AACC's elevator pitch competition tests the ups and down of business

The way Anne Arundel Community College student Jesse Alton sees it, the world is one big elevator — hopefully, going up.

Alton is among several students at the community college who will enter in the school's fourth annual Big Idea Elevator Pitch contest, a competition designed to test young entrepreneurs' ability to crystallize their business ideas and pitch them quickly and effectively.

AACC officials looking to give students a boost in selling their ideas created the contest based on the "elevator pitch" concept, which says a person should be able to sell an idea in the time it takes to ride an elevator.

Stephen Berry, an instructional specialist in the college's business management and entrepreneurial studies program, said pitches for the contest can range from a new product to an improvement on an existing product or a service.

As an AACC promotional flier on the contests puts it, "Your idea can be as wild as you want it to be."

A Harvard Business School website that offers assistance on crafting elevator pitches describes the concept by saying, "You have one minute to explain yourself, your business, your goals and your passions. Your audience knows none of these."

For the AACC contest, students will be given the time equivalent of going from the first to the sixth floor via elevator — essentially two minutes — to deliver their pitches to a panel of judges consisting of outside business professionals.

Sponsored by Odenton-based A.J. Properties, AACC's Elevator Pitch contest 30 submissions last year from more than 100 students, some of whom competed as teams. Applications are being submitted for the April 18 contest; three finalists will each receive $500.

Alton, 23, an Annapolis resident and York College transfer, has been at work for several years trying to turn ideas into products, and he believes he might have a winner with Native Flats, disposable sandals that can be purchased at bars, concert venues, proms and weddings.

"They eventually will be biodegradable. In exchange for allowing us to sell [the sandals] at their venues, they can put their logos on them, so they get free marketing. They don't even have to pay for the inventory," said Alton, who added that he came up with the idea after watching women leave several venues barefoot while holding their shoes in hand — seemingly, he figured, because the shoes hurt their feet.

"Once we do launch, customers will be able to log on to our website and create their own custom Native Flats that they can have for their birthday or prom or event," said Alton, who said he has several business ideas at work for the AACC competition.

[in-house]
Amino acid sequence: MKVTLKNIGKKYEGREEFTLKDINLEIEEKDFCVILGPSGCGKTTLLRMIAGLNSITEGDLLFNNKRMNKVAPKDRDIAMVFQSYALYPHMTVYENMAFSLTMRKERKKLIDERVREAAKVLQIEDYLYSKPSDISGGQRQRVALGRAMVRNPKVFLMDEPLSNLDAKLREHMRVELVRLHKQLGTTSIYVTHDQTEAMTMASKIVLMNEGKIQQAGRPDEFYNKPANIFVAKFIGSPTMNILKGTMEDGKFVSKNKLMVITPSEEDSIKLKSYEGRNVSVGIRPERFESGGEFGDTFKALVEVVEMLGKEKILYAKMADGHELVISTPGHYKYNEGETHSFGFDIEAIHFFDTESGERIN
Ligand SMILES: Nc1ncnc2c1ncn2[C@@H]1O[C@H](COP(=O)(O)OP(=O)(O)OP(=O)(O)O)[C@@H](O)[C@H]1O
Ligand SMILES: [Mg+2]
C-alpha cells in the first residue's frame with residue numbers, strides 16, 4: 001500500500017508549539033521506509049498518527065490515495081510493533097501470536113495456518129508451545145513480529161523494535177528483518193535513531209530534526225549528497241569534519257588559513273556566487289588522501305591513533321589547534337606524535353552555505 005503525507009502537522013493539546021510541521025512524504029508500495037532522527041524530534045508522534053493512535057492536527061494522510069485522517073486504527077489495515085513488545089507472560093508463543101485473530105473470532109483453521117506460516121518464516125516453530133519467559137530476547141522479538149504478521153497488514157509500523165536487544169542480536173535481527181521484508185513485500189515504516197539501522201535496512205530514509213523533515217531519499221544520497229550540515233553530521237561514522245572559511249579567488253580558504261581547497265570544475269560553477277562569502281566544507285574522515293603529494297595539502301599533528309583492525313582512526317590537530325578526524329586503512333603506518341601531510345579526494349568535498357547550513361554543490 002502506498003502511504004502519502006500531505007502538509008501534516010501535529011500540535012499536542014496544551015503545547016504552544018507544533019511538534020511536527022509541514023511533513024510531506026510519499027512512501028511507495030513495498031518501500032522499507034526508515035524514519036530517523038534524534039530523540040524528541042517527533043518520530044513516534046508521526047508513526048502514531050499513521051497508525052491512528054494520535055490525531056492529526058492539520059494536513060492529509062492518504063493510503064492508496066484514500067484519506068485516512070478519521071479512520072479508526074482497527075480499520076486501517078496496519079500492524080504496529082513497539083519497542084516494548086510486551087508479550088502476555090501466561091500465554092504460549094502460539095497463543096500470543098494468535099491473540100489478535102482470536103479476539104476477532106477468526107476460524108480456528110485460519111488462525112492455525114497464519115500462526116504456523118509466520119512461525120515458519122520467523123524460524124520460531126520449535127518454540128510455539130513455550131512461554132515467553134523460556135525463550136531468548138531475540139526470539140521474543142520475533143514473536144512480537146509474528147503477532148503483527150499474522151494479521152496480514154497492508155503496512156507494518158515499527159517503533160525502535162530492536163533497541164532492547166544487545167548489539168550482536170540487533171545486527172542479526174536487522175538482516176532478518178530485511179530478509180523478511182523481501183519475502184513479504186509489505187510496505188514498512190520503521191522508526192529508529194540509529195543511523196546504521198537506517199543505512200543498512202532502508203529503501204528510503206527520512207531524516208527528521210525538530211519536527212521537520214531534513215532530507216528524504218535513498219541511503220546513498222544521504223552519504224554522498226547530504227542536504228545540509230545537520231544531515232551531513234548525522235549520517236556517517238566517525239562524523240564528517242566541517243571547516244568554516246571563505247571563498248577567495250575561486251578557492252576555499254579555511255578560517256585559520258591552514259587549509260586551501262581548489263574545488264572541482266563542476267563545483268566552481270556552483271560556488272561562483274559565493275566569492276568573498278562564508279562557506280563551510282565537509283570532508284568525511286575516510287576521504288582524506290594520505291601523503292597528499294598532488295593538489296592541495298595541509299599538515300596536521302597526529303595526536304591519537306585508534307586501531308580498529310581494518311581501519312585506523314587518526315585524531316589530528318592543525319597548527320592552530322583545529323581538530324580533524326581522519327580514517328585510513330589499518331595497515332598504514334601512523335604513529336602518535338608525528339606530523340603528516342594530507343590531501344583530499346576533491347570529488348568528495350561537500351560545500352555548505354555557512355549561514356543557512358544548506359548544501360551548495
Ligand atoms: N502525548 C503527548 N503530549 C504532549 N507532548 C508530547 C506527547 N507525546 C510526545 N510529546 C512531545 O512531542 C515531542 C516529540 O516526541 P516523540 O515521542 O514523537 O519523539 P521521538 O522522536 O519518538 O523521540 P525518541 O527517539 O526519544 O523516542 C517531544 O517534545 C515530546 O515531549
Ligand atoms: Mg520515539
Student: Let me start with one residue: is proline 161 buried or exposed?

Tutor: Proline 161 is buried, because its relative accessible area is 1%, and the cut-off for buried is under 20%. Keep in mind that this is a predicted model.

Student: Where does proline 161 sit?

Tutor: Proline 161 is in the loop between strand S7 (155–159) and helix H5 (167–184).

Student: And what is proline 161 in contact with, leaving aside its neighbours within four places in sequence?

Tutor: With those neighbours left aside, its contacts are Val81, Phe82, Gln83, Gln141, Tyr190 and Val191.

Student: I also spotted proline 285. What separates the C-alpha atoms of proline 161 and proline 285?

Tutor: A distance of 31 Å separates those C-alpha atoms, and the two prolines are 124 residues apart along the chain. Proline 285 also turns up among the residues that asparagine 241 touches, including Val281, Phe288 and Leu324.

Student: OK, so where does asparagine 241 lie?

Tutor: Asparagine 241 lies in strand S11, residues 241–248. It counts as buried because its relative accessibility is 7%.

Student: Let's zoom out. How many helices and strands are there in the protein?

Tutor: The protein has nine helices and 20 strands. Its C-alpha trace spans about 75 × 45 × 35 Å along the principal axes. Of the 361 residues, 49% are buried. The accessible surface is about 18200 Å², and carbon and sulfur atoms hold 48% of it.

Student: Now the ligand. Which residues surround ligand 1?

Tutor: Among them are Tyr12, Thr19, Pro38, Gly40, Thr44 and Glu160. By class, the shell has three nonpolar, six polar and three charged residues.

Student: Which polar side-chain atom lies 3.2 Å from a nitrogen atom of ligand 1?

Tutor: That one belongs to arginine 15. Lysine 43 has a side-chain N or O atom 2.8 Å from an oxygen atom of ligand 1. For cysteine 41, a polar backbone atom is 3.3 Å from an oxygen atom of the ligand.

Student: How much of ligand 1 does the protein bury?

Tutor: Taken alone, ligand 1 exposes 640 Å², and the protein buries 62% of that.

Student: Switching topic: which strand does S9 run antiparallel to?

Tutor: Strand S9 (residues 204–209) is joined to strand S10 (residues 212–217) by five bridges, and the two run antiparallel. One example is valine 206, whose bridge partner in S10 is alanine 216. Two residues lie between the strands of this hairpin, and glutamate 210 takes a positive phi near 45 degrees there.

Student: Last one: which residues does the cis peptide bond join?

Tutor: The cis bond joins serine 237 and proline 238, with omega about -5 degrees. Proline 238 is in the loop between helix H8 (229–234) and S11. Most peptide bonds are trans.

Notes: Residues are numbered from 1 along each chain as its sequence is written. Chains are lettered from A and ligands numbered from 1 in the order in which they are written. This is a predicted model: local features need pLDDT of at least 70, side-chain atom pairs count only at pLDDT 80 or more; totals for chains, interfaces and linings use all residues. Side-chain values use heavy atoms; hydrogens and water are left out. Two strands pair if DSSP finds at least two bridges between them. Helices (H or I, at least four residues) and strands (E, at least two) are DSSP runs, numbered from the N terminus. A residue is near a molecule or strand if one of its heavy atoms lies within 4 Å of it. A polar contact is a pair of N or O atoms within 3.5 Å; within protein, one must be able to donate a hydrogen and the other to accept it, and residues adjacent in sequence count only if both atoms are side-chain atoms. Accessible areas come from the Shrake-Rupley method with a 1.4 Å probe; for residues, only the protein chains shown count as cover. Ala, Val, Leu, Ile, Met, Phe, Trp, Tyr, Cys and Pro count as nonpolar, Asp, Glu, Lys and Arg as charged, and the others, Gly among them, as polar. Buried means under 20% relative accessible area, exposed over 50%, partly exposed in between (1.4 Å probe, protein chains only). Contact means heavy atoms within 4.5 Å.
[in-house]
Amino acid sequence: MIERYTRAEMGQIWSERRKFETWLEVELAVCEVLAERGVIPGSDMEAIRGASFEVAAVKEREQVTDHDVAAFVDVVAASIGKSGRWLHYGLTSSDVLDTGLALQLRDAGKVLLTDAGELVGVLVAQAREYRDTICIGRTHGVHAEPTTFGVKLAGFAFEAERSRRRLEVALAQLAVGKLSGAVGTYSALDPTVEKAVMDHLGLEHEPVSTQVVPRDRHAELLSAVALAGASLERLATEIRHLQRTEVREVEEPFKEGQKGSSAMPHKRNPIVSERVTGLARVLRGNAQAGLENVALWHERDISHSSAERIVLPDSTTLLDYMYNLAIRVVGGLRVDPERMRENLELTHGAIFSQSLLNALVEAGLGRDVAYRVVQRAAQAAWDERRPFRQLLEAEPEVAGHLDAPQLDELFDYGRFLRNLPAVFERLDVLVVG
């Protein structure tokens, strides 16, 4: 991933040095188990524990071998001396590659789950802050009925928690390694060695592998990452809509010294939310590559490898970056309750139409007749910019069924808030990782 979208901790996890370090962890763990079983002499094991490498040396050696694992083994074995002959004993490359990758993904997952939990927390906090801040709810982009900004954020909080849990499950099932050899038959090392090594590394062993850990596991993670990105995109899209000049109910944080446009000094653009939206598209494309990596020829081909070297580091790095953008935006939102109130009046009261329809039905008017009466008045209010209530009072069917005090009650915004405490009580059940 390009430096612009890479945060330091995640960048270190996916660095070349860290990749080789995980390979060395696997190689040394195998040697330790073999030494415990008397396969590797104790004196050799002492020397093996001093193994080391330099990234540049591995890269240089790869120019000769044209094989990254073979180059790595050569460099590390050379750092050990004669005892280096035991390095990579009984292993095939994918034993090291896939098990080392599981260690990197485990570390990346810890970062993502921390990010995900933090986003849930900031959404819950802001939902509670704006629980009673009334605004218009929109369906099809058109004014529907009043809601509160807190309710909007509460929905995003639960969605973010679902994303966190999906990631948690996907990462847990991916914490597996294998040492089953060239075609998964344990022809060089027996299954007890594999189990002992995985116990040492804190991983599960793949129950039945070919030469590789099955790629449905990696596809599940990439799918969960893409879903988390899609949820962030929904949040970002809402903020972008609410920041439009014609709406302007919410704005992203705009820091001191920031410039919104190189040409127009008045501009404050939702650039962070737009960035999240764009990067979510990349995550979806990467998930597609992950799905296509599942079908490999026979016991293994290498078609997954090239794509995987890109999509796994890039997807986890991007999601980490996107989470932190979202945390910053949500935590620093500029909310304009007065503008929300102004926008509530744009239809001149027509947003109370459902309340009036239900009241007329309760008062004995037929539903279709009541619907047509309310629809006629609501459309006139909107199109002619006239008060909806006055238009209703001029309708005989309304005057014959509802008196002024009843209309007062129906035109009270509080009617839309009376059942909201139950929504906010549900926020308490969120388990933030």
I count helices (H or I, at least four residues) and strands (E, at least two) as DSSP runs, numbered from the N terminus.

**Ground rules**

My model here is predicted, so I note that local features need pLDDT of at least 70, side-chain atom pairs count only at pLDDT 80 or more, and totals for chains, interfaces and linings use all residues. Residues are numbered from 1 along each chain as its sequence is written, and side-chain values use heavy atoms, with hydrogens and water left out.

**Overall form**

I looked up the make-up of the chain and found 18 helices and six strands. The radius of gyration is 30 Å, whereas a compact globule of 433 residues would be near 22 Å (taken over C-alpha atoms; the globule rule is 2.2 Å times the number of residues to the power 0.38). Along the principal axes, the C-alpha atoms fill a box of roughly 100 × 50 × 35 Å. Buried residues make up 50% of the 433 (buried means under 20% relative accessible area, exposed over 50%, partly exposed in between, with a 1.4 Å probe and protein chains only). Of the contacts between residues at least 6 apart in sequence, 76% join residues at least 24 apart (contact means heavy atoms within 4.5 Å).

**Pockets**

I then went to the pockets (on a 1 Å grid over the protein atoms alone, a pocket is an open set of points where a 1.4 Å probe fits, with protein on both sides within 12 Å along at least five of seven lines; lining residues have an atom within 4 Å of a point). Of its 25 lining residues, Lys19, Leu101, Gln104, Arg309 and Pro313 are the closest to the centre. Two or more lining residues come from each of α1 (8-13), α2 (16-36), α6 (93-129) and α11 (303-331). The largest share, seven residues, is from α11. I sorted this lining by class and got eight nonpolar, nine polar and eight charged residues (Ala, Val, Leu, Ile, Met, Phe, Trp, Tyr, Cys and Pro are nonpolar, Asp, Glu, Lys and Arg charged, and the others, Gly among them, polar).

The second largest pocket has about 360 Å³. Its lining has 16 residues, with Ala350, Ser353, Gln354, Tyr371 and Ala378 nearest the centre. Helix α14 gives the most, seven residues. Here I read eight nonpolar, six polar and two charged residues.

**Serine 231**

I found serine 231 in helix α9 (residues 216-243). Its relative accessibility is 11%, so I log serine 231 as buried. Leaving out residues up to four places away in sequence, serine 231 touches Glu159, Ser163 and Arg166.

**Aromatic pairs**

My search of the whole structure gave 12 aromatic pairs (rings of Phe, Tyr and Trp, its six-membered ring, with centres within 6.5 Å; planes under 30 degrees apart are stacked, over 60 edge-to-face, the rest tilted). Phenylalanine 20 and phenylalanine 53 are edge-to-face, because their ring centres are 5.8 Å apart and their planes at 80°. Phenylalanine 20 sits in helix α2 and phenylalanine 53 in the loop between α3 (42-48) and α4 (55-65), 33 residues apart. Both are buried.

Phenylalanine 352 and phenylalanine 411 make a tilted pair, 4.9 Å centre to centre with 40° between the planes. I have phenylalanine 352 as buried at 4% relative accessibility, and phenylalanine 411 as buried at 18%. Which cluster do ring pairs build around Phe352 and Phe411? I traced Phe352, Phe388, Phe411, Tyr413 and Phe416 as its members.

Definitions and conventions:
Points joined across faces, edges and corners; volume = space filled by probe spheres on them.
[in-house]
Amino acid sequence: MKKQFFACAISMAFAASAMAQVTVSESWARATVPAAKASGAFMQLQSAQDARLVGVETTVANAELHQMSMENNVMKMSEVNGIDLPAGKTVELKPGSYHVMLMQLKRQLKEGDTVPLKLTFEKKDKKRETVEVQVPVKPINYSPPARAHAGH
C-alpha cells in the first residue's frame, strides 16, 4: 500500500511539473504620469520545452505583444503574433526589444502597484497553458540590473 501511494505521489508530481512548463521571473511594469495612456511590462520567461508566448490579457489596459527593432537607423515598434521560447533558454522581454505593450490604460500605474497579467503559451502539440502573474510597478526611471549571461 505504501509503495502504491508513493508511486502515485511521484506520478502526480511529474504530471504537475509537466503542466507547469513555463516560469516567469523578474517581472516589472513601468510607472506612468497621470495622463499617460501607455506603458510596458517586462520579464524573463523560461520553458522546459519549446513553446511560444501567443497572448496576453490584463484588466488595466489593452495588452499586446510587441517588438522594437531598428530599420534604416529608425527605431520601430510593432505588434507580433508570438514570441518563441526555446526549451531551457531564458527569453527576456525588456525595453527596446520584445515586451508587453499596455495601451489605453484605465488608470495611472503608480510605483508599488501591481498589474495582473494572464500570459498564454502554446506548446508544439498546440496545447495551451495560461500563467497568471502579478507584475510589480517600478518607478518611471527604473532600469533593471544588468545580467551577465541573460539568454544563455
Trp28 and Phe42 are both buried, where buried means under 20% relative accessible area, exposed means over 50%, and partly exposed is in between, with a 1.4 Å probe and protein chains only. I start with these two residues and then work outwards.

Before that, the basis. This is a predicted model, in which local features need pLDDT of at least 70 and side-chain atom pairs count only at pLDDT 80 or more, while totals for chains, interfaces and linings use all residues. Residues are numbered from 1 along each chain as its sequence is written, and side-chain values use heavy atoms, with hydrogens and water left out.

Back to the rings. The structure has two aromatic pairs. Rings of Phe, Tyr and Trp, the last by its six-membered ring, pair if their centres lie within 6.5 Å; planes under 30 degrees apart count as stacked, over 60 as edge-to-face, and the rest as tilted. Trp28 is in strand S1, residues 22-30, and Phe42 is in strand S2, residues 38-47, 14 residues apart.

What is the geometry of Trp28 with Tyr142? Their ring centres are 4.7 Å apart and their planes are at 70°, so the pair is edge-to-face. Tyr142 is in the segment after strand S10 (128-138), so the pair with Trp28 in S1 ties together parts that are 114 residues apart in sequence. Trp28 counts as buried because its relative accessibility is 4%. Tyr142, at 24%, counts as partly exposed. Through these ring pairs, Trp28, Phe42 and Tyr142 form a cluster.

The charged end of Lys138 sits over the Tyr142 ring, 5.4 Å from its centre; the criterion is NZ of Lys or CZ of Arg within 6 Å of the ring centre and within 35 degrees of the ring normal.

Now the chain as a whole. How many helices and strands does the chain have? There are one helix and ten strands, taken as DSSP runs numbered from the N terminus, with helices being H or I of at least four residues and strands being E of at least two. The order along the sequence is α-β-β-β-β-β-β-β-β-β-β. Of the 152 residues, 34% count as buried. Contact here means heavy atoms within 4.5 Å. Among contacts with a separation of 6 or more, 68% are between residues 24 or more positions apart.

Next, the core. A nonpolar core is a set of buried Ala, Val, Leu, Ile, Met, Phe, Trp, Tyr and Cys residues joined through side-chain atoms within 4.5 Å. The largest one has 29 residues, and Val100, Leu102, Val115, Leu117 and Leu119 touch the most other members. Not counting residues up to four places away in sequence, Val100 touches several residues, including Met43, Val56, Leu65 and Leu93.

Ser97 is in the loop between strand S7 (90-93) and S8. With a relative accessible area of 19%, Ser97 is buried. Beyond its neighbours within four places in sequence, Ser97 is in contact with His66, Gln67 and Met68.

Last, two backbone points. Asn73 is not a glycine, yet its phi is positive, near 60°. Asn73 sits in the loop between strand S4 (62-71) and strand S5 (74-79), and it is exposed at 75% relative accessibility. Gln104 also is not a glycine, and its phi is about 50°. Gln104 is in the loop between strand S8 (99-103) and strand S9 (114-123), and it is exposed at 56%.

Alton's sales pitches have already earned him one prize — he said it was a sales pitch to professors at AACC that helped him earn a scholarship. He said he views most conversations as a chance to pitch products to someone whose interest might lead to opportunity.

"The most important part of an elevator pitch is that you have to have a hook," said Alton. "You really have to get them interested."

Berry said some teachers assign the contest in classes as a graded assignment, and most entrants are teams of students.

"The more they tell people about their idea, the better they'll get at telling people about it," Berry said. "It's an ingenious way of thinking about it. Say you're at a conference and you have this idea and you get on the elevator — say on the eighth floor, and you're going down to the first — and the person on the elevator with you is someone who could invest in your product.

"Your task, before you get to the bottom floor, is to introduce yourself, describe the problem and then offer your solution and why it is a viable solution — and why people would buy it," Berry said. "Then the door opens. ...The goal is that when you walk off, this investor says, 'Call my office; I'd like to hear more about it.' "

Berry said in his classes, students are required to stand and give elevator pitches as presentations. He encourages them to practice before a mirror, to write out the pitch as a script, memorize it and have it ready to utter whenever any opportunity arises.

"If they're serious about this idea, they'll have a 30-second pitch, a two-minute pitch and a five-minute pitch," he said. "They'll have those memorized so when they run into somebody and the person says, 'What do you do? What is your idea?' they can say, 'How, much time do you have? I can tell it to you in 30 seconds or five minutes or a half-hour.' "

Alton said he's so serious about his ideas that he once practiced an elevator pitch in an elevator.

"Practicing an elevator pitch to a professor in an elevator is great," Alton said. "The elevator can be a very high-tension area. It's a great practice."

For more details and entry information regarding Anne Arundel Community College's Big Idea Elevator Pitch competition, go to

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